Children 'still tortured' in Iraq's Kurdish regions: HRW report

Human Rights Watch report says teenage boys falsely confessed to joining ISIL while under torture by the authorities.

    Asayish agents are the primary intelligence operatives in the Kurdish regions of Iraq and have been accused of human rights violations in the past [Ako Rasheed/Reuters]
    Asayish agents are the primary intelligence operatives in the Kurdish regions of Iraq and have been accused of human rights violations in the past [Ako Rasheed/Reuters]

    Security forces in the Kurdish regions of Iraq have been "torturing children" to force them to confess to having links with the Islamic State of Iraq and Levant (ISIL, also known as ISIS) group, according to Human Rights Watch.

    The rights body said on Tuesday it interviewed over 20 boys aged between 14 and 17 who were charged with, or convicted of, belonging to ISIL, which controlled vast swaths of Iraq until late 2017.

    Sixteen of the boys said they had been "tortured" during questioning.

    Nearly two years after the Kurdistan Regional Government promised to investigate the torture of child detainees, it is still occurring with alarming frequency

    Jo Becker, HRW

    "Nearly two years after the Kurdistan Regional Government promised to investigate the torture of child detainees, it is still occurring with alarming frequency," said Jo Becker, children's rights advocacy director at HRW, said in a statement.

    Some of the boys interviewed by HRW said members of the Kurdish security forces known as Asayesh beat them with plastic pipes, electric cables or rods while others said they were subjected to electric shocks or a painful stress position dubbed the "scorpion".

    "Several boys said the torture continued over consecutive days and only ended when they confessed" to involvement with ISIL, the report said.

    "Most said they had no access to a lawyer and they were not allowed to read the confessions Asayesh wrote and forced them to sign," it added.

    The alleged torture inflicted by the security forces of the Kurdistan Regional Government in northern Iraq took place in 2017 and 2018 despite promises by authorities to investigate the claims.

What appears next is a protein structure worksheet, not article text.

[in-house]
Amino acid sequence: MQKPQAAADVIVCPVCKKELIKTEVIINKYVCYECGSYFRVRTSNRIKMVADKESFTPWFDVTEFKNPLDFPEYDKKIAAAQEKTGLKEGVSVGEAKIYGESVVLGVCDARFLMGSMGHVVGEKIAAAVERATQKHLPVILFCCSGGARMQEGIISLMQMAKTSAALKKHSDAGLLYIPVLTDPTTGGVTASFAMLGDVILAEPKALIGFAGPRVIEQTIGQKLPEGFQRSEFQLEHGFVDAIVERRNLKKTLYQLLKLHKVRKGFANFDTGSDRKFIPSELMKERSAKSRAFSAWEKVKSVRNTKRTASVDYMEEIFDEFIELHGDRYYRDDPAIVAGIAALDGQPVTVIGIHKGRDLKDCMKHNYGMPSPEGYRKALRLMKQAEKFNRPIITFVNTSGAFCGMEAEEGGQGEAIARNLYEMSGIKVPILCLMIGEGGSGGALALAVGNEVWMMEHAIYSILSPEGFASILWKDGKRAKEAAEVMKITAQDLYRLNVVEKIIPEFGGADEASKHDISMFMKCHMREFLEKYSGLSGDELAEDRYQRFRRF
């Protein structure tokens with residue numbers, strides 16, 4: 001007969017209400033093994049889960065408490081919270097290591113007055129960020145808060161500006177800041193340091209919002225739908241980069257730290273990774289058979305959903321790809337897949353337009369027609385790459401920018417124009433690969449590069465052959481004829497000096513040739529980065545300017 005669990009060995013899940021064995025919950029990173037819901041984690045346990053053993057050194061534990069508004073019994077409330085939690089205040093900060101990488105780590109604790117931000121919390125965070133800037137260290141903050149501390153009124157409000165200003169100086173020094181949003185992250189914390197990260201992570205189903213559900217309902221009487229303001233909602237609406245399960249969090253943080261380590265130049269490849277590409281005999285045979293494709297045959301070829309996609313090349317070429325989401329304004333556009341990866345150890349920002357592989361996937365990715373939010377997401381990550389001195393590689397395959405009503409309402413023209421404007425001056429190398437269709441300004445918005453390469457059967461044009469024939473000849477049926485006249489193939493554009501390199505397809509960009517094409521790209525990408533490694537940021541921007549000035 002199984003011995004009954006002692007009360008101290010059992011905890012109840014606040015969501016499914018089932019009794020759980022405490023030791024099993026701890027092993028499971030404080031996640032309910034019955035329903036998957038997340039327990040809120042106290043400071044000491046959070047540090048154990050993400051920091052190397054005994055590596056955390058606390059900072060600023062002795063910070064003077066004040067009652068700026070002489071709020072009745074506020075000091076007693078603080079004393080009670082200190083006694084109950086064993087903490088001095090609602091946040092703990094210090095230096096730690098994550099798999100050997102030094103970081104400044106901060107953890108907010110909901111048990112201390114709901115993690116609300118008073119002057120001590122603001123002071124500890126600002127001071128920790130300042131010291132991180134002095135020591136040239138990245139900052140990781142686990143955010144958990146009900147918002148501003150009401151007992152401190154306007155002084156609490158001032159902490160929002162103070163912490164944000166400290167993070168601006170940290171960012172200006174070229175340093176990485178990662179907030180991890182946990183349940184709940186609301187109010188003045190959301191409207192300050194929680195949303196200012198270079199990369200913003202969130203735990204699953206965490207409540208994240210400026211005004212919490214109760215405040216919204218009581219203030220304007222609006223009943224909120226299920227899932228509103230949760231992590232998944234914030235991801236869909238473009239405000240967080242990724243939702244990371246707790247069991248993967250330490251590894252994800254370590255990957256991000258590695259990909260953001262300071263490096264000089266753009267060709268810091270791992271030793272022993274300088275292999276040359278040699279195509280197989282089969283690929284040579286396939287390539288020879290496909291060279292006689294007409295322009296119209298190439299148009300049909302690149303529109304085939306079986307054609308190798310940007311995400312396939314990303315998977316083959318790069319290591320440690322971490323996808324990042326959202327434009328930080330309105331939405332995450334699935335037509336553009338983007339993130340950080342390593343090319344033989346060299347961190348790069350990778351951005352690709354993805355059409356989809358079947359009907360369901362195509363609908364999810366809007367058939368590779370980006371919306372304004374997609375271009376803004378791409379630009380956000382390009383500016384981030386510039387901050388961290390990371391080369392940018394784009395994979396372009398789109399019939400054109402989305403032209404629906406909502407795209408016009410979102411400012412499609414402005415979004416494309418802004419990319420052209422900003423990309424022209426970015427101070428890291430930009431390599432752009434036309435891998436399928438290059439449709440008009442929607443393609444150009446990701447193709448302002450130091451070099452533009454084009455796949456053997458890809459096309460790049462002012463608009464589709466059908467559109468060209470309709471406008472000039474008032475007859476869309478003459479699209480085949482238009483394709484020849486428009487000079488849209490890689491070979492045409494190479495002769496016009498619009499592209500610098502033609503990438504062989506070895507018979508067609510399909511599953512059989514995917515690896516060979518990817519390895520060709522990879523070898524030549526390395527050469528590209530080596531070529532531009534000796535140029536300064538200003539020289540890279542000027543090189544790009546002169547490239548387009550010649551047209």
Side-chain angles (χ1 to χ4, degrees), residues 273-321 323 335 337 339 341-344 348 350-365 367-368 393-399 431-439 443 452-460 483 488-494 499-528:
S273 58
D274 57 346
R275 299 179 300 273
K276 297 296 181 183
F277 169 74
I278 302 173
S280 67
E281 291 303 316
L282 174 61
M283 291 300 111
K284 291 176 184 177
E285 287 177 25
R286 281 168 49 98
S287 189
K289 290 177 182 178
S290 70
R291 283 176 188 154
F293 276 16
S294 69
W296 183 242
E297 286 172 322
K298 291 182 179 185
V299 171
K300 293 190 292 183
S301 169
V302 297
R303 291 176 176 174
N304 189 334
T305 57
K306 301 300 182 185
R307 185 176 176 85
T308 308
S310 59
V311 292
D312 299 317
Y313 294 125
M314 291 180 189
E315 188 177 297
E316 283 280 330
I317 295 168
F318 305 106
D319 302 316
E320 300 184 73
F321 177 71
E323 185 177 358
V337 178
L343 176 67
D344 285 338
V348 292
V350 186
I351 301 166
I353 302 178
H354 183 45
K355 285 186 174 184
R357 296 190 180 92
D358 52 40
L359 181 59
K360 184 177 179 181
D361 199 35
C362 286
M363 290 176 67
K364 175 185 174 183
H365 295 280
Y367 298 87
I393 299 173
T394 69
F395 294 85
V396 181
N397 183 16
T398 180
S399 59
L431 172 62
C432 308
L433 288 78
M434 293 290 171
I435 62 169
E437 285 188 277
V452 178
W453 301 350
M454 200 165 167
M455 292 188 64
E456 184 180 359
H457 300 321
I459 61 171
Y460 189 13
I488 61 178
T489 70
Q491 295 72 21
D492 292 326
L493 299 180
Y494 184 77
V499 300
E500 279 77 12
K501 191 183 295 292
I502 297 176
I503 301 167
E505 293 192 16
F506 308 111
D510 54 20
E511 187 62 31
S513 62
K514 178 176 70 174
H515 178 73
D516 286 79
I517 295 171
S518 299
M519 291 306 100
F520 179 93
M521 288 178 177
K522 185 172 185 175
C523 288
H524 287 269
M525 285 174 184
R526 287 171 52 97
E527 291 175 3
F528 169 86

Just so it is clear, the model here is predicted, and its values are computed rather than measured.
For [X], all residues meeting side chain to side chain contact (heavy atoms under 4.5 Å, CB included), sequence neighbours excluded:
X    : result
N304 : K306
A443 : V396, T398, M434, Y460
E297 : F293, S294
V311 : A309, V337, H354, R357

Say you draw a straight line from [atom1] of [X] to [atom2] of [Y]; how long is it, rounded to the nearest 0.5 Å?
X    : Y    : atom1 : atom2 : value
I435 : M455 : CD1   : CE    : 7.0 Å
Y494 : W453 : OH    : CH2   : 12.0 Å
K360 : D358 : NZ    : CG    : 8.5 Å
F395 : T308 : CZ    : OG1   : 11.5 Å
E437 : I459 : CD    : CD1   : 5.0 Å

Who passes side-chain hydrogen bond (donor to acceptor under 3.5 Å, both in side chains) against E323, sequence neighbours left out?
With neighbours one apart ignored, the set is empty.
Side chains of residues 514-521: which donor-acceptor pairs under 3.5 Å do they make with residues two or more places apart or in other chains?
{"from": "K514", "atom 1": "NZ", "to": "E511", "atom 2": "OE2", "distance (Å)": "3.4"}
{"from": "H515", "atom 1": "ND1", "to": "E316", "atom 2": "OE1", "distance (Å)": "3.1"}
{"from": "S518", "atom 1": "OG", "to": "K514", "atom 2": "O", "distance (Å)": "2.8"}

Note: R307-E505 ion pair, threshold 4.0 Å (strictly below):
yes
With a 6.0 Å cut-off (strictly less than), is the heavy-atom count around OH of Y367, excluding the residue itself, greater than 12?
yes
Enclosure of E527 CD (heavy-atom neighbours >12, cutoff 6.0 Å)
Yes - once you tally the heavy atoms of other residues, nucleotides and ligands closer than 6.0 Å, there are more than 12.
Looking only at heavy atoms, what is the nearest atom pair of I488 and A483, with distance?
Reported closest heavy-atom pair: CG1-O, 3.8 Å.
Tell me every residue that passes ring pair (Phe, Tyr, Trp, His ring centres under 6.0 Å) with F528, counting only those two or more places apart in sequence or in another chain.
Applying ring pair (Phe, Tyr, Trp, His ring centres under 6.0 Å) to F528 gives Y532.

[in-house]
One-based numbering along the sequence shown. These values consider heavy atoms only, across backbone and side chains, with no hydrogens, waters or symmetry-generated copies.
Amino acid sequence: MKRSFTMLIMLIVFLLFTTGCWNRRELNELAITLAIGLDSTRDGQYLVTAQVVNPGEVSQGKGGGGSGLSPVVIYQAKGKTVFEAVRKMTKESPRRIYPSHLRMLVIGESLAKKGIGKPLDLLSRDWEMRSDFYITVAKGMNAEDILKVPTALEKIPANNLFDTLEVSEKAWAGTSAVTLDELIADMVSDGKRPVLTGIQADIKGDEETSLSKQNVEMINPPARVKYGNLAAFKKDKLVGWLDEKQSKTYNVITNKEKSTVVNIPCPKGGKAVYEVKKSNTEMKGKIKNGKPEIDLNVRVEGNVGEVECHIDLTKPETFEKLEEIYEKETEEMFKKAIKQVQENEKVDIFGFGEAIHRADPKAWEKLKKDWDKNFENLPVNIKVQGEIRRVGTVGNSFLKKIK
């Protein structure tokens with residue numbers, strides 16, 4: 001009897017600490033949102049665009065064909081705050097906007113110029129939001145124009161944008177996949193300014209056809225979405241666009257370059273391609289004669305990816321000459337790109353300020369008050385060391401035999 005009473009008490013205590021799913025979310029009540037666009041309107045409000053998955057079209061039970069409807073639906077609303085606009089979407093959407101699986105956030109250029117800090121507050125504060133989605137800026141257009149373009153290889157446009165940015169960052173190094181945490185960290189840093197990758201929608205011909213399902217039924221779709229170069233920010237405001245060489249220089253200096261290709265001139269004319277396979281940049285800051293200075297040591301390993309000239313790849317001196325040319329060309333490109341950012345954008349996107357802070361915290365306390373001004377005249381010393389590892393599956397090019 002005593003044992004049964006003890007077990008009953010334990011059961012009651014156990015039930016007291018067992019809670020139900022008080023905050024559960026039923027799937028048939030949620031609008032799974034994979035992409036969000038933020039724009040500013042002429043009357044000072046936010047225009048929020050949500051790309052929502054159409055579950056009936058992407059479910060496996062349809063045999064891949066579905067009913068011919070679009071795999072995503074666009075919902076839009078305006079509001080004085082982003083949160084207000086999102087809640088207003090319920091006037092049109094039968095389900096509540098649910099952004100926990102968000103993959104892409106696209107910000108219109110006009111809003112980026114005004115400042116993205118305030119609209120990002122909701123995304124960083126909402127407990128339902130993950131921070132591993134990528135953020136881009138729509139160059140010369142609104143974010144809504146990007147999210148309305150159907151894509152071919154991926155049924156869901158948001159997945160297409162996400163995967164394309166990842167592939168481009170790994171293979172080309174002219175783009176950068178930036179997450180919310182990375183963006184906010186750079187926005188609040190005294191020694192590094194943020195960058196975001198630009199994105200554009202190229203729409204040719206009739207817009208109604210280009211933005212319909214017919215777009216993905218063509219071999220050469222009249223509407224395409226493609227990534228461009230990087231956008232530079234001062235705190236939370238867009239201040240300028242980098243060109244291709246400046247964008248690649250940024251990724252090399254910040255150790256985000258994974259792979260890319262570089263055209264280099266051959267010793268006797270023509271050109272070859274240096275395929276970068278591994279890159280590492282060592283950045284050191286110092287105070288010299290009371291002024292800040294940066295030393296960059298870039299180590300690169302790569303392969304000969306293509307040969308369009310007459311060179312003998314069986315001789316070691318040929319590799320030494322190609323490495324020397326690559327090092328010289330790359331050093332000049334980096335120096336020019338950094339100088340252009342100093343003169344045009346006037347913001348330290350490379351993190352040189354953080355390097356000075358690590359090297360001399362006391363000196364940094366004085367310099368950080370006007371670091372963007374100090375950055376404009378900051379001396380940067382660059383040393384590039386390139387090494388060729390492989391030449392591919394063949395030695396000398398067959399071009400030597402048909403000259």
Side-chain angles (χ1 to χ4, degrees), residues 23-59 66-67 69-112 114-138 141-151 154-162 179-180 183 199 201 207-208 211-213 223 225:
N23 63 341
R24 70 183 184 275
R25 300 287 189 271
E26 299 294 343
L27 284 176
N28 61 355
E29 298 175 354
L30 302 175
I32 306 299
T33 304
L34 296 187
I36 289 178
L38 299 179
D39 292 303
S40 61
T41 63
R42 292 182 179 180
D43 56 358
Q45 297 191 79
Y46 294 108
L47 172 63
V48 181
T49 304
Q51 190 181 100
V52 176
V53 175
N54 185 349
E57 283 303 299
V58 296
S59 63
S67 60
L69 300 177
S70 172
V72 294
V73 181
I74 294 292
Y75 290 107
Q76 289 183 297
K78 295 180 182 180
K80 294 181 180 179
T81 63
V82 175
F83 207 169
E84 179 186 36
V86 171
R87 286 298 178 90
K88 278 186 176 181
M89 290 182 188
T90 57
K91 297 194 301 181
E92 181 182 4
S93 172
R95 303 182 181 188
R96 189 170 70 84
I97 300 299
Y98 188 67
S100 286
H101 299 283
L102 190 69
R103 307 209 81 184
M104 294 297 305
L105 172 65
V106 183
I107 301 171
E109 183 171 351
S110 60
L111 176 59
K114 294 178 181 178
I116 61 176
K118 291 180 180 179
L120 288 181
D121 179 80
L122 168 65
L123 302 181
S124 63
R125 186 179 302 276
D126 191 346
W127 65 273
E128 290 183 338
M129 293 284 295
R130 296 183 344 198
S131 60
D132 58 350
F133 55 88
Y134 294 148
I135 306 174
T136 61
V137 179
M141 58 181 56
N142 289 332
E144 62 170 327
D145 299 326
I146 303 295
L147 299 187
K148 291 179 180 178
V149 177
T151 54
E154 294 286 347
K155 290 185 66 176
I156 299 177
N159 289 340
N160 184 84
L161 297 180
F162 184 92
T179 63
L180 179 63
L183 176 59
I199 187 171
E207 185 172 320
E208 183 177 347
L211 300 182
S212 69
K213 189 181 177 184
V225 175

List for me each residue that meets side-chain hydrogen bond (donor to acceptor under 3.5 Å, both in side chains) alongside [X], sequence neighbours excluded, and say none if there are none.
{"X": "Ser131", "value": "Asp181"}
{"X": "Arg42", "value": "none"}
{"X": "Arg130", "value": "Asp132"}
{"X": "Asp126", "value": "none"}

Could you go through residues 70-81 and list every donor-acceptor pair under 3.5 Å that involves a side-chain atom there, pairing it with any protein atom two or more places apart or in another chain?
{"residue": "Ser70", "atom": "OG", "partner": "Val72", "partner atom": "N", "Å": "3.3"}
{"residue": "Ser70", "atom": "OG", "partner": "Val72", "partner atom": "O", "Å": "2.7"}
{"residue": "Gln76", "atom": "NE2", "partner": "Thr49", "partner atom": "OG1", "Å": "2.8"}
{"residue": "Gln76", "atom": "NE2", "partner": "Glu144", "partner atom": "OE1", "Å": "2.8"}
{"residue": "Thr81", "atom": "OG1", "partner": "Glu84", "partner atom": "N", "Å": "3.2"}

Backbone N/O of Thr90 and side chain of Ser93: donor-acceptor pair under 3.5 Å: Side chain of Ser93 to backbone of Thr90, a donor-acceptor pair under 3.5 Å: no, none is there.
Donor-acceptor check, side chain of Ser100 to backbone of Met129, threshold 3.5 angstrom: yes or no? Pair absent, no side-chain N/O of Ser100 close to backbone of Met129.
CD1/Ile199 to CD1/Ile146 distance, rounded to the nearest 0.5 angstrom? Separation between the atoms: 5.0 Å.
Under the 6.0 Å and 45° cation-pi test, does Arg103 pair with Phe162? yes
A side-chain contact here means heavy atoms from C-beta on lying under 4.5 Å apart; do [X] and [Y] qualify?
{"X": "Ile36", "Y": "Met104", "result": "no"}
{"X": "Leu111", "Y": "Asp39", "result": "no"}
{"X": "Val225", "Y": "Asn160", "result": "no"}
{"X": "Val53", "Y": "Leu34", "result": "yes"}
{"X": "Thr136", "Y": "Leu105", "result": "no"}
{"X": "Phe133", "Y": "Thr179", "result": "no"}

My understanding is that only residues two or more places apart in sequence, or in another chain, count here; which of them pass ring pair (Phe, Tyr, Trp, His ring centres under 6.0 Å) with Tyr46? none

According to HRW, most of the boys said their interrogators told them what they should confess and many said they gave false testimony only to stop the torture.

    According to the report, Samir, whose real name was withheld to "protect his security", claimed that for three days, security forces "gave me 5 to 10 electric shocks. They put the pads on my left shoulder and on my stomach. And while they gave me the shocks, they were beating me with a rod.

    "I was in the room for hours, with them coming in and out and taking breaks. On the third day, I confessed. They said to admit to two months with ISIS. I did, but it was a lie. I was never with ISIS."

    Kurdish denial

    The rights group said its staff interviewed the boys during a November visit to a detention centre in Erbil where 63 children are being held. HRW's report claimed that legal assistance to the boys was lacking and that trials lasted "no more than 5 or 10 minutes".

    A senior Kurdish official dismissed the allegations.

    Dindar Zebari, international affairs adviser to the Kurdish government, told the AFP news agency that "HRW never visited" the detention centre.

    "No one can be arrested unless the judiciary authorises it. And any person who has been arrested is treated in accordance with the law," he said, adding that the Kurdish government rejects the use of torture.

    HRW called on the government to investigate these claims: "The Kurdistan authorities should immediately end all torture of child detainees and investigate those responsible," children's rights advocate Becker said.    

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    SOURCE: Al Jazeera and news agencies